Another huge story here has been the fact that Ireland turned down the proposal for the EU (European Union) constitution, which could throw the whole process of a unified Europe into the trash bin. There’s obviously deep fears about the growth of the EU, which does seem somewhat justified. The EU has opened the borders, but that means many low paying jobs are now going to Eastern Europeans, and all sorts of rules are coming into play now. One example is that bed and breakfast owners are no longer allowed to keep their dogs inside the house, for sanitary reasons. Many B&B owners have sworn to close down before they’ll put their dogs outside.
Another concern here are with the gypsies. They’re Romanovs, from Romania, and they’ve been a part of the English countryside for years. I remember seeing the horse drawn carriages many years ago. But the new breed of gypsies are not as concerned with keeping their camps clean, and their reputation is that of thieves and scoundrels. Many communities are passing legislation that wouldn’t allow any gypsy camps in their villages. A Brit version of NIMBY (not in my back yard!)
Wimbledon starts next Tuesday! On the heels of Euro 2008, which has something to do with lots of soccer, I mean “futbol.”
Prince William became the 1000th knight in the Roayl Order of the Garter, a custom that has gone on for over 600 years here and shows how much more he’s becoming a working member of the royal family.
Favorite phrase heard on the telly: A woman was talking about how much she enjoyed getting catalogs to look at, which she described as “groinal warming.”
I’ve seen this work “bespoke” used, but I couldn’t quite figure it out and finally asked. It means “custom made,” as in you have a “bespoke suit” or you can have a “bespoke chair,” which means it’s been custom designed and made just for you. Now you know.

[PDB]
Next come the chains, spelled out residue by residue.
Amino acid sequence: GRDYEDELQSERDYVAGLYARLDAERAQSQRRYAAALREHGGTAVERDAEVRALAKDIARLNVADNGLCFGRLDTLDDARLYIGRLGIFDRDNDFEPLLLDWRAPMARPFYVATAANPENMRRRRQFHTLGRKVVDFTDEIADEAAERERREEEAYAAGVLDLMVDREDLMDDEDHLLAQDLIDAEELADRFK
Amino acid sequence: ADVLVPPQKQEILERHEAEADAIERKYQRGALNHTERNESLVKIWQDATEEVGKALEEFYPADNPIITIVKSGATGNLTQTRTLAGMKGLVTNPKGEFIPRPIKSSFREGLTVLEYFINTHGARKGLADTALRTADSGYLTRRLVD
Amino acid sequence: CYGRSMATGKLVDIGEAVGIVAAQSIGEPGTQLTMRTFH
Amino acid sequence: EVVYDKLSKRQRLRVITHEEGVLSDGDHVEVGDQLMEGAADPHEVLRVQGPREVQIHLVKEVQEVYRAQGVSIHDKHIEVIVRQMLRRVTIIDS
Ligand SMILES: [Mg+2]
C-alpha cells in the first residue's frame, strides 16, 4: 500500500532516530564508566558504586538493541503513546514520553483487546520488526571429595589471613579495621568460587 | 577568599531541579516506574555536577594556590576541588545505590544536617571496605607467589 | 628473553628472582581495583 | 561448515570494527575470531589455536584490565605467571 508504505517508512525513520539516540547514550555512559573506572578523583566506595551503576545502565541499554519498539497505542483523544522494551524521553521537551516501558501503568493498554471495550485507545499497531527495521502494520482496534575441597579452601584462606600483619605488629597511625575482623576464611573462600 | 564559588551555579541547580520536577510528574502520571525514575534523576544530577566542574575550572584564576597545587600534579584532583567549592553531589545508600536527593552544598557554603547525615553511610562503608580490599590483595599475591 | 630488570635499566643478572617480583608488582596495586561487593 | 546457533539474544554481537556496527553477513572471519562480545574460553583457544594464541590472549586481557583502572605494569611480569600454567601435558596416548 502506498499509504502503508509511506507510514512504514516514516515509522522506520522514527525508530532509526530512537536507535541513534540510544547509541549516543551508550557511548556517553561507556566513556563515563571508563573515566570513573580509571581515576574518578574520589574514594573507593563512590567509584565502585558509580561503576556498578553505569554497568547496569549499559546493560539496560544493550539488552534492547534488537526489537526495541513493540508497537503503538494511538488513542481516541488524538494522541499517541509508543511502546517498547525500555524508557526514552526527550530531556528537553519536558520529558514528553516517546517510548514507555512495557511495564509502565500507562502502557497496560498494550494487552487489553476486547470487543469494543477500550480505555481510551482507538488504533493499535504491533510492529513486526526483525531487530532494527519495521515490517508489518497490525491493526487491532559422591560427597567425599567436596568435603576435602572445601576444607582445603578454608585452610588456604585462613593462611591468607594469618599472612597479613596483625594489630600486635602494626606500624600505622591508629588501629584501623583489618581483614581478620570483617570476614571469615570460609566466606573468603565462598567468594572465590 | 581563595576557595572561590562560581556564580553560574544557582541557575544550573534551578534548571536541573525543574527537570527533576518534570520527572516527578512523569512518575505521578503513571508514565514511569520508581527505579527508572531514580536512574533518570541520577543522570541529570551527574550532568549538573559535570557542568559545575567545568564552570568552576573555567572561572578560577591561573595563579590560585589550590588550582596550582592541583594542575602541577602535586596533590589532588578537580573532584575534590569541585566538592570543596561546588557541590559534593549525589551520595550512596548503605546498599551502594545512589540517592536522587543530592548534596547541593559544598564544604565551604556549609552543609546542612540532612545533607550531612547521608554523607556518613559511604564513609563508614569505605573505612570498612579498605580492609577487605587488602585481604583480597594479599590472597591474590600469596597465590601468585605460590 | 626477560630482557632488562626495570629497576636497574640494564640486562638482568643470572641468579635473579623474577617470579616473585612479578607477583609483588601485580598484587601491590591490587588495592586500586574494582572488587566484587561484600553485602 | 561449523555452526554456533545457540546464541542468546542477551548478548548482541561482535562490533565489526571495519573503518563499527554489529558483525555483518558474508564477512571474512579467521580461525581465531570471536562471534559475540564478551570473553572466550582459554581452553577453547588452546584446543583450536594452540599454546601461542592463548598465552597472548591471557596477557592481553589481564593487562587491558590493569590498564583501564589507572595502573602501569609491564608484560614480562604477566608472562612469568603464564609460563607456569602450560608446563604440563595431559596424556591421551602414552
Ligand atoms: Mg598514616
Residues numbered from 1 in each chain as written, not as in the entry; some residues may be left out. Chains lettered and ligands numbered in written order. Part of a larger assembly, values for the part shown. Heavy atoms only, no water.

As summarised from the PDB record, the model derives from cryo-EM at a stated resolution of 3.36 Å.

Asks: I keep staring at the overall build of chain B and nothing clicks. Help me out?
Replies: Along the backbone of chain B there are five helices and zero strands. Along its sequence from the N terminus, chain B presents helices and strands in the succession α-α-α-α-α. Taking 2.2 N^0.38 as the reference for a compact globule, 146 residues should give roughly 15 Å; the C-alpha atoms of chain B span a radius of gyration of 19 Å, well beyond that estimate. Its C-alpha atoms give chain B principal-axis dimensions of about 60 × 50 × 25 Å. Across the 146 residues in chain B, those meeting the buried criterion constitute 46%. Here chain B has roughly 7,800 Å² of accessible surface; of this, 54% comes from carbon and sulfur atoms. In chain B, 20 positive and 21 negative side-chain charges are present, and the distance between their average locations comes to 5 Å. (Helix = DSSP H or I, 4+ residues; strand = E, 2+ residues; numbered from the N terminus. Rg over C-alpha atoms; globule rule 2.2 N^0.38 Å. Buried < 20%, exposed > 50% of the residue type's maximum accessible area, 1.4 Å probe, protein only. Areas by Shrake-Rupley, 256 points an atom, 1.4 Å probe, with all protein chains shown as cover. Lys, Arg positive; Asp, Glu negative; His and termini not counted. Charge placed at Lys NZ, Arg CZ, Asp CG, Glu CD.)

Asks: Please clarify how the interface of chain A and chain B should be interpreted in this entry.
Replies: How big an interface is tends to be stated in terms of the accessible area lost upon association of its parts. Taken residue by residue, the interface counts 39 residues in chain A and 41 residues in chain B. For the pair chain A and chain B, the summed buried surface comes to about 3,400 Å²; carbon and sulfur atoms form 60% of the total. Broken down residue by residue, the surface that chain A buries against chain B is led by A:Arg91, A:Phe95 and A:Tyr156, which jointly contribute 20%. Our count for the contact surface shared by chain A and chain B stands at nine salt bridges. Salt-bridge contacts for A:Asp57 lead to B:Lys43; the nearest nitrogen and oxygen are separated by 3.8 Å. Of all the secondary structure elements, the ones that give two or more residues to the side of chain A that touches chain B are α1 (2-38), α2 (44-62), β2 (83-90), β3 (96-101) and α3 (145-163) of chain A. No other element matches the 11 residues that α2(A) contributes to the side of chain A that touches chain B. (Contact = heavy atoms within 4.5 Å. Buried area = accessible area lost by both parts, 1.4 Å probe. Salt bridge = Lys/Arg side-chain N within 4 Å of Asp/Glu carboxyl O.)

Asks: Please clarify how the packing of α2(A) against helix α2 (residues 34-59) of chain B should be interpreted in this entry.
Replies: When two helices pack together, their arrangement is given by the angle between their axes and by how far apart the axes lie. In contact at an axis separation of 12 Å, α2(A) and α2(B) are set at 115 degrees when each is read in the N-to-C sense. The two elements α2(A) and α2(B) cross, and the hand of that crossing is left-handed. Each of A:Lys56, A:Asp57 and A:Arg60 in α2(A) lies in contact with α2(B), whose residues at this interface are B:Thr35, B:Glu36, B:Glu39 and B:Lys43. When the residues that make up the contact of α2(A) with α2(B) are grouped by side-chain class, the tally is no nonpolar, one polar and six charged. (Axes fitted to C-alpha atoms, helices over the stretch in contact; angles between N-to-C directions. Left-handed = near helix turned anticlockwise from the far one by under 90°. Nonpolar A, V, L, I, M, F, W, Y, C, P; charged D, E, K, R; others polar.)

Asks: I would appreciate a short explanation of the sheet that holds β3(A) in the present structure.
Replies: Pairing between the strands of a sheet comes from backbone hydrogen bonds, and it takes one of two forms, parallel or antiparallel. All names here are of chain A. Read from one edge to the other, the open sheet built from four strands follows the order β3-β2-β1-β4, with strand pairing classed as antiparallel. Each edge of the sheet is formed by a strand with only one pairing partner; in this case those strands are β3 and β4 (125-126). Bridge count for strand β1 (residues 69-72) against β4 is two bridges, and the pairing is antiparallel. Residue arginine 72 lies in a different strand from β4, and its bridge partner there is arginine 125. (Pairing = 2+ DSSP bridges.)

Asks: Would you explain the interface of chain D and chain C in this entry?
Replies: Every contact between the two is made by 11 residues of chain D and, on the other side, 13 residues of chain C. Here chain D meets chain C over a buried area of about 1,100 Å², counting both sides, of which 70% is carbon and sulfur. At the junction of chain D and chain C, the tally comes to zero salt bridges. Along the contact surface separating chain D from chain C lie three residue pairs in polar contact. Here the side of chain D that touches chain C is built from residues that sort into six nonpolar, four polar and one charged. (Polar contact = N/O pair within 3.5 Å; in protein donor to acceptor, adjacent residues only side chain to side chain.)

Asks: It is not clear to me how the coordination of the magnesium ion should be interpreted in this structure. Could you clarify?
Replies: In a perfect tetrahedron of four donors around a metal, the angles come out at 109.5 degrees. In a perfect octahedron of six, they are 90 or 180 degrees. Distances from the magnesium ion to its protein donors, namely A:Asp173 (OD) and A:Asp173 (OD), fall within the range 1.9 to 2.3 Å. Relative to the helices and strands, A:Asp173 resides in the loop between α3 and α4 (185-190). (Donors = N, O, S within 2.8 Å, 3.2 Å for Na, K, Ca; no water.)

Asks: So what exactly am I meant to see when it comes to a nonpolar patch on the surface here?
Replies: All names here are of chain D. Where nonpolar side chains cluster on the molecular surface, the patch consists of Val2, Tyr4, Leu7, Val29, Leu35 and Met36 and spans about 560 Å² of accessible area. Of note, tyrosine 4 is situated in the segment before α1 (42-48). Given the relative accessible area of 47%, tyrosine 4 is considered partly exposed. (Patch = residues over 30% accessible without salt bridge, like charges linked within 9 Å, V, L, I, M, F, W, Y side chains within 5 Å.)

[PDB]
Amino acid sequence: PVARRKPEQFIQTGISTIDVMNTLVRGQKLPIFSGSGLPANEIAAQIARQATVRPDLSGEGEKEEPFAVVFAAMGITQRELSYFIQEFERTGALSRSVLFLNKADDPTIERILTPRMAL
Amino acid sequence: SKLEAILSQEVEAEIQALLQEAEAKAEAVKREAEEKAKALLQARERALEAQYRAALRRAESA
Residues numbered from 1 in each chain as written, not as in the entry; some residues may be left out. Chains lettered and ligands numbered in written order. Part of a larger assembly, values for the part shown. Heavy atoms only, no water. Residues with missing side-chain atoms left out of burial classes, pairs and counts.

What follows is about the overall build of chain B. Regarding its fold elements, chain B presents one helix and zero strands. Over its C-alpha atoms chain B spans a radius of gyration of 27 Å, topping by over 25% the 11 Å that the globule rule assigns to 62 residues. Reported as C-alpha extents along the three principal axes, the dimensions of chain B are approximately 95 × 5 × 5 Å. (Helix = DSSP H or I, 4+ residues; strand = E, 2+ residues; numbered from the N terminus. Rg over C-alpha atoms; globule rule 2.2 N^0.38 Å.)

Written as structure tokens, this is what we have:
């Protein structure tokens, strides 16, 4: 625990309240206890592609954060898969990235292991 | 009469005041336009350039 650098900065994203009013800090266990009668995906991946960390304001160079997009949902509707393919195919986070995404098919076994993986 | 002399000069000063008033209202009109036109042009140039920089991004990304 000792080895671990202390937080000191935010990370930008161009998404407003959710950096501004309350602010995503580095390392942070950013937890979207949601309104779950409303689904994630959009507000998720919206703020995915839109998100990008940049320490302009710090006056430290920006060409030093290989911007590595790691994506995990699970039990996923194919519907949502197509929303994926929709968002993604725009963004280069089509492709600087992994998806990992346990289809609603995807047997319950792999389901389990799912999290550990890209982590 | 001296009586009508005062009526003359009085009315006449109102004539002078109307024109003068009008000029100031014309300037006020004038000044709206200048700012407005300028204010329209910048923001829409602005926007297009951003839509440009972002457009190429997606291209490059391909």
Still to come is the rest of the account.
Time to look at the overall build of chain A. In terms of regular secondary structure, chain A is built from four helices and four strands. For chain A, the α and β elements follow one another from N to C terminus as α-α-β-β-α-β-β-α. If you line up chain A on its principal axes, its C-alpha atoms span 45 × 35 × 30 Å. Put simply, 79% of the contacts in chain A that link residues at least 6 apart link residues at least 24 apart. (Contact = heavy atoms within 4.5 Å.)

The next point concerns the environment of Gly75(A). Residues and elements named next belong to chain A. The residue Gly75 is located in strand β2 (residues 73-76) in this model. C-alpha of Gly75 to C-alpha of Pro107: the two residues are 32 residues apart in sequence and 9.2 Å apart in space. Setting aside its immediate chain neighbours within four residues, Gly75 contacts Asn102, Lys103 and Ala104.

Of course, watching the telly is always amusing. Tonight, in prime time, was a show about a guy who was making tea from the pods of the baobob tree. That was followed by a show about the nature of food phobias with British kids, and ways to get them to eat all that bland British food!
Weather report: what else, but partly cloudy with a chance of rain!
Tah-tah for now!

Monday, June 9, 2008

A (very) few pix

I know, I know, I need to get better about remembering to take my camera with me...
But here are a few shots, just to give you an idea of where I'm staying at the moment.
Also, I did buy a very inexpensive (like $20) cellphone... so who knows, maybe I'll call soon!
A bit of England

London Calling

First up: Thanks to everyone who wrote to ask about my dear ol' Ma. The update is she's doing loads better, she's up and out again and looks like she'll have a full recovery. She says that she had worried about having a stroke, but she never thought about a heart attack. (Just goes to show you, right??) She's taking it slow, but all's well. I've been trying to call her a few times a week, as have many of my cousins, relatives and friends. On we go.

I've been back and forth between Sally's home in Hambleden (about 45 minutes outside of London, in Oxfordshire), and their mews house in London. During the week, time is spent working on the details of "the big party" upcoming on July 5, reading ALL the newspapers that arrive daily (seven, including International Herald Tribune, USA Today, plus all the London papers including The Times, Daily Telegraph, etc. etc.) and hanging with Sally. The last few weekends, I've come into London.